Is Freud’s Theoretical Framework Applicable to Racial and Ethnic Minorities?

Another criticism I have of Freud’s work is that it generalizes groups of people and oversimplifies the human experience. Auld et al. (2005) explain that stereotyping human beings can be harmful. This does not allow for the acknowledgement of individual differences or cultural influences regarding gender role and life stage development. Freud studied a primarily homogenous population of middle-aged Viennese women and minimized the differences between groups (McCleod, 2018). The conclusions resulting from this limited information ignore the influences of culturally-based gender roles, cultural values, culturally-based expression of emotions, and the influences of cultural trauma. A primary goal of social work is to empathize with the client and strive to understand their experiences from their perspective. This is especially important when working with diverse and marginalized groups. I believe a sole reliance on the rigid and biased principles of Freud’s theories could potentially limit my ability to practice cultural competence and celebrate diversity in my role as a social worker.

Is Freud’s Theoretical Framework Consistent with Social Work Values and Ethics?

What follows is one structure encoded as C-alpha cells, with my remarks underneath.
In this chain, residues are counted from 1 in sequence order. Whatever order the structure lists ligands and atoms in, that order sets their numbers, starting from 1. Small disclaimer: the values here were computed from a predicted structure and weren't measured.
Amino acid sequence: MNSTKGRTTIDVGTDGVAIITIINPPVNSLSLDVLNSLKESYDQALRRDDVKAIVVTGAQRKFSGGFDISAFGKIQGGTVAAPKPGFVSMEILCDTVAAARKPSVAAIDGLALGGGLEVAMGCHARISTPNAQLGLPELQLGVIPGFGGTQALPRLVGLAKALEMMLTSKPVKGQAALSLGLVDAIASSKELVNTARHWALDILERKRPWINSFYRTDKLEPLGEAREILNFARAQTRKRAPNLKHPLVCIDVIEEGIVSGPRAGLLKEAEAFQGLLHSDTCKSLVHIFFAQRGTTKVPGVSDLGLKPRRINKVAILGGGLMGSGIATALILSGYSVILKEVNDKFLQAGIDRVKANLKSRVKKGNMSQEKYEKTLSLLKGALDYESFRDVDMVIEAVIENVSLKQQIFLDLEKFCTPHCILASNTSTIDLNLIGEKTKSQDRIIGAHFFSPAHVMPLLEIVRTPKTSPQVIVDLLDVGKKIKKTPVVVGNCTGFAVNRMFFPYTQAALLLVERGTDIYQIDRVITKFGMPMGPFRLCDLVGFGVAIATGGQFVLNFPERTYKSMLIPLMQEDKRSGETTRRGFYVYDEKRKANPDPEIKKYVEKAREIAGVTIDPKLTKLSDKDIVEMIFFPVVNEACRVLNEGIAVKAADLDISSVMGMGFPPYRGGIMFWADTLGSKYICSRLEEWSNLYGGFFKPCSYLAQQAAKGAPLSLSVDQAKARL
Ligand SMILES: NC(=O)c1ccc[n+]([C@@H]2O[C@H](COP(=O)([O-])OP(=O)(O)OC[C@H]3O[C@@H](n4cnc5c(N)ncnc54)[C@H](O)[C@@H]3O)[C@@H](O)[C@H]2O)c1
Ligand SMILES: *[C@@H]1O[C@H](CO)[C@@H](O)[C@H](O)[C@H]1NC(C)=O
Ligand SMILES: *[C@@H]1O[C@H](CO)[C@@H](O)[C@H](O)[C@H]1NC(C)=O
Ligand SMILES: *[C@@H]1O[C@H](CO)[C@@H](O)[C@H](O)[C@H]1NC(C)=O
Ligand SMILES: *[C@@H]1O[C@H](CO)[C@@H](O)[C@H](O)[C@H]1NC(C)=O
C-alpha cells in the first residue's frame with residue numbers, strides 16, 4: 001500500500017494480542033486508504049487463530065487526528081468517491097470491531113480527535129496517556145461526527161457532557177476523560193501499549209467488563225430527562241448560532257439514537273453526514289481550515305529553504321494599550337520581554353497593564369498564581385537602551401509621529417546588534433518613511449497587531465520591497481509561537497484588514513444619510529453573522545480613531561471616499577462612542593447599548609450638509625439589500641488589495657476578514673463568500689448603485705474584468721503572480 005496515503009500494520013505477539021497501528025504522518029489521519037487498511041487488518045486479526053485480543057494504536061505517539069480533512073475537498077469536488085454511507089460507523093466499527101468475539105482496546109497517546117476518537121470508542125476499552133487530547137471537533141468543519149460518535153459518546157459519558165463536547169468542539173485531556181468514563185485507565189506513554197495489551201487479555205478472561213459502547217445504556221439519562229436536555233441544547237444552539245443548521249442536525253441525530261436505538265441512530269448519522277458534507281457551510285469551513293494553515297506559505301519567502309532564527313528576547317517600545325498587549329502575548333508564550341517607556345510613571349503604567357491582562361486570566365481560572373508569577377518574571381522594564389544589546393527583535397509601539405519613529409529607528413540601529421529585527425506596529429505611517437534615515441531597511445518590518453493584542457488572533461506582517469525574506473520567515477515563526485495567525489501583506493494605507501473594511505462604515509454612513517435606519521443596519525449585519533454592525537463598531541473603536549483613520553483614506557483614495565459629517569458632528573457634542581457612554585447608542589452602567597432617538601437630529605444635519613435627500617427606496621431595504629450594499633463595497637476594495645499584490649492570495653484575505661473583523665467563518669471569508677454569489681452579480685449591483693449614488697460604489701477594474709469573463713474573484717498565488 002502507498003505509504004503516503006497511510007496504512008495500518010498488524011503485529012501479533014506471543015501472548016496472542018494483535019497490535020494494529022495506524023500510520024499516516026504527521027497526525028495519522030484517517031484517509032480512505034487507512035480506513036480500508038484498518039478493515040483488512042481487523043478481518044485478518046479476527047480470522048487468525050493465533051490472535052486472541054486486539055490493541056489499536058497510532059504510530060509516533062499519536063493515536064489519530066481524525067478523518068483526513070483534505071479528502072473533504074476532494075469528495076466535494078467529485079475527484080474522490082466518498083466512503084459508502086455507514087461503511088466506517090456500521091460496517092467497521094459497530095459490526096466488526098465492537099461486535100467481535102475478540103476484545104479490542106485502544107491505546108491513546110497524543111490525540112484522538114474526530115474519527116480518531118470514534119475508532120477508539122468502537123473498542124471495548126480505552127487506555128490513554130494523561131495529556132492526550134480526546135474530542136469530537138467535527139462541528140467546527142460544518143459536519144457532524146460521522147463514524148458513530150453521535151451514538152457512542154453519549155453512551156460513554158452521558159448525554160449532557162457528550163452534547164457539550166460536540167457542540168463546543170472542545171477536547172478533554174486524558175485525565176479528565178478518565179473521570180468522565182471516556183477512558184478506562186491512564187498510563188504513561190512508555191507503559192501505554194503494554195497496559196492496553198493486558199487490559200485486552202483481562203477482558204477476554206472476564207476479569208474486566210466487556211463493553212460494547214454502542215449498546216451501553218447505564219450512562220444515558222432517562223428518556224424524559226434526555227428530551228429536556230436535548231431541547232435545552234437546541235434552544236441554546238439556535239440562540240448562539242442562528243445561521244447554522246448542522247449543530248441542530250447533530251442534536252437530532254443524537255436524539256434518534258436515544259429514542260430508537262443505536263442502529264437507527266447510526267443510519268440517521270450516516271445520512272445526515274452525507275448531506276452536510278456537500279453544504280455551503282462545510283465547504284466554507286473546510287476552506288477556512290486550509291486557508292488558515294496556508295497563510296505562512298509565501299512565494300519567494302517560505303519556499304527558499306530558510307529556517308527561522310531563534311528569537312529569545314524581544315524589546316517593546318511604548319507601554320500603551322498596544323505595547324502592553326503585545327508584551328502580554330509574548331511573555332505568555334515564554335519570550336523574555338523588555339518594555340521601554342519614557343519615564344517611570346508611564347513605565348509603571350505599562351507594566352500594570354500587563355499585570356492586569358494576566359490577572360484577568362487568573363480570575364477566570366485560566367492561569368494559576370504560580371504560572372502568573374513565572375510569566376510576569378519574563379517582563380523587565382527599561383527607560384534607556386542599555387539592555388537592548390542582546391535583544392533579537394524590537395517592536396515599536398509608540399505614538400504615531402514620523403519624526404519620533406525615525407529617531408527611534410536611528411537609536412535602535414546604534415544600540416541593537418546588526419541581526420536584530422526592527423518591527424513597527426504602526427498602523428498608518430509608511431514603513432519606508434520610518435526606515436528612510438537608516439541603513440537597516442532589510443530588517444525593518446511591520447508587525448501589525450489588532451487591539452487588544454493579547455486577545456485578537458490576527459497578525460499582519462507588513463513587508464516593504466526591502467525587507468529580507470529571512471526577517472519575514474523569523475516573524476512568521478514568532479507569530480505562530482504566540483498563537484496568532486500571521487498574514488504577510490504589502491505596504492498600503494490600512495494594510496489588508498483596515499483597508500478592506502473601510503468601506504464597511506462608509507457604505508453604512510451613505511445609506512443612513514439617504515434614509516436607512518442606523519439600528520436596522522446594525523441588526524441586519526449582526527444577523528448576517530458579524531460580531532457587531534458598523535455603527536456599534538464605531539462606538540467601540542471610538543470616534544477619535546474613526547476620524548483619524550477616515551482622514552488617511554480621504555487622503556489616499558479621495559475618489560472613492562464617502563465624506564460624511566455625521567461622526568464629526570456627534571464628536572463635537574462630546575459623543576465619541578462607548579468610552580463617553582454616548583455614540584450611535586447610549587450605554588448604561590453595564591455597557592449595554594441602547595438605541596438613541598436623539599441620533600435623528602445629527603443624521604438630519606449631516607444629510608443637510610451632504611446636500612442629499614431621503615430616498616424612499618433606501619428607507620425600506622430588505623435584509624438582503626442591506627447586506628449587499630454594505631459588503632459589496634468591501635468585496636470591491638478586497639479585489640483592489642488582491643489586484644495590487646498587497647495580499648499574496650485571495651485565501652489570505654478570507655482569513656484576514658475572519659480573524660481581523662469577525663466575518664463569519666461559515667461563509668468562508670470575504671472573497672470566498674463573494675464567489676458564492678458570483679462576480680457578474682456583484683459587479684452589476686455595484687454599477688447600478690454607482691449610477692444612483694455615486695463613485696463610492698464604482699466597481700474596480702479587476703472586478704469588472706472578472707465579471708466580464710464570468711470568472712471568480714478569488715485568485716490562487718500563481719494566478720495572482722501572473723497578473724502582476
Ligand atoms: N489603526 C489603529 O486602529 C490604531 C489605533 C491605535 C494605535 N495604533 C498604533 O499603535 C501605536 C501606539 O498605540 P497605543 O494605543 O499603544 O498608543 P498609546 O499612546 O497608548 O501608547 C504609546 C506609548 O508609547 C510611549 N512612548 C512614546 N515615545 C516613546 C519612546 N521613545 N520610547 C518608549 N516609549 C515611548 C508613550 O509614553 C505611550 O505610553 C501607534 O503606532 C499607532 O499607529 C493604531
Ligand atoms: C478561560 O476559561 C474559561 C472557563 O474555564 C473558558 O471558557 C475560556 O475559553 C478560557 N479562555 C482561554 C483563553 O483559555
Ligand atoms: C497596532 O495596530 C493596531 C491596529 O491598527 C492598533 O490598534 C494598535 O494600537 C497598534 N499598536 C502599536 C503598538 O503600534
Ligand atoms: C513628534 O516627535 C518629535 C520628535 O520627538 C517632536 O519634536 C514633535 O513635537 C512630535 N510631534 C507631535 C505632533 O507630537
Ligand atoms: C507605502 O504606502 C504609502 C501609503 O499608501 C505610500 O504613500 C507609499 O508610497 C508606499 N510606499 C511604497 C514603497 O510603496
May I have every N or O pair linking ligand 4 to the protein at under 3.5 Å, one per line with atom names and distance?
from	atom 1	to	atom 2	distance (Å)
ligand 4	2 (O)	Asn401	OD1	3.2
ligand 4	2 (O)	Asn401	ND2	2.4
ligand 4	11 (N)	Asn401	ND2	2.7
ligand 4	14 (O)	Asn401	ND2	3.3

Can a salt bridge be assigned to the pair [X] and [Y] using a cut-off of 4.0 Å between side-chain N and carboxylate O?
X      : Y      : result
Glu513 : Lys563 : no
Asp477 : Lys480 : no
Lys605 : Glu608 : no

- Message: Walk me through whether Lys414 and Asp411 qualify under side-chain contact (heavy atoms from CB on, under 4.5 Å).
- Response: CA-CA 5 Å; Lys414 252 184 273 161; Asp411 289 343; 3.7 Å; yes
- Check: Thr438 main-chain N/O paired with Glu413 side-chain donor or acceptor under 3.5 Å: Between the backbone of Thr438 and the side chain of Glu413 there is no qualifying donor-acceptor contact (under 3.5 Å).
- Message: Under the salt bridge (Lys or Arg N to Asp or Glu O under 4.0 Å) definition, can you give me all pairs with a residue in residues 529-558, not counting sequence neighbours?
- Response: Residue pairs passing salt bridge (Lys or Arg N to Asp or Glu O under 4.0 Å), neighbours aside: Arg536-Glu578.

Freud’s Psychoanalytic Theory falls short of reflecting the concepts within the National Association of Social Workers Code of Ethics (2017). Stereotypes derived from Freud’s work such as the moral deficiencies of women compared to men could negatively impact the social worker’s view of their client. These stereotypes create bias and unfair assumptions regarding the client. The NASW Code of Ethics (2014) explains that social workers must challenge discrimination and prejudice in all capacities (4.02). Freud’s ideas do not foster competency in working with diverse clients because his data and conclusions were not obtained from a diverse client population. The NASW Code of Ethics (2017) mandates that social workers maintain a broad knowledge-base of other cultures and the diversity within society (1.05(c)) and apply their knowledge of diversity to their interpretation of human behavior (1.05(a)). Freud’s implied role as an infinitely more capable male figure of authority compared to his female clients contradicts social work ethics. Auld et al. (2005) assert that this prejudice impairs the professional’s effectiveness in the relationship. The NASW Code of Ethics (2017) emphasizes the importance of equality within the professional relationship. Finally, social workers should promote social justice (NASW, 2107). Social justice affirms the value of equality on all levels of society (Zastrow & Kirst-Ashman, 2016). Freud’s notions about moral deficiencies and penial inferiority do not allow for egalitarianism. A social worker should not exclusively apply Freud’s concepts to their practice.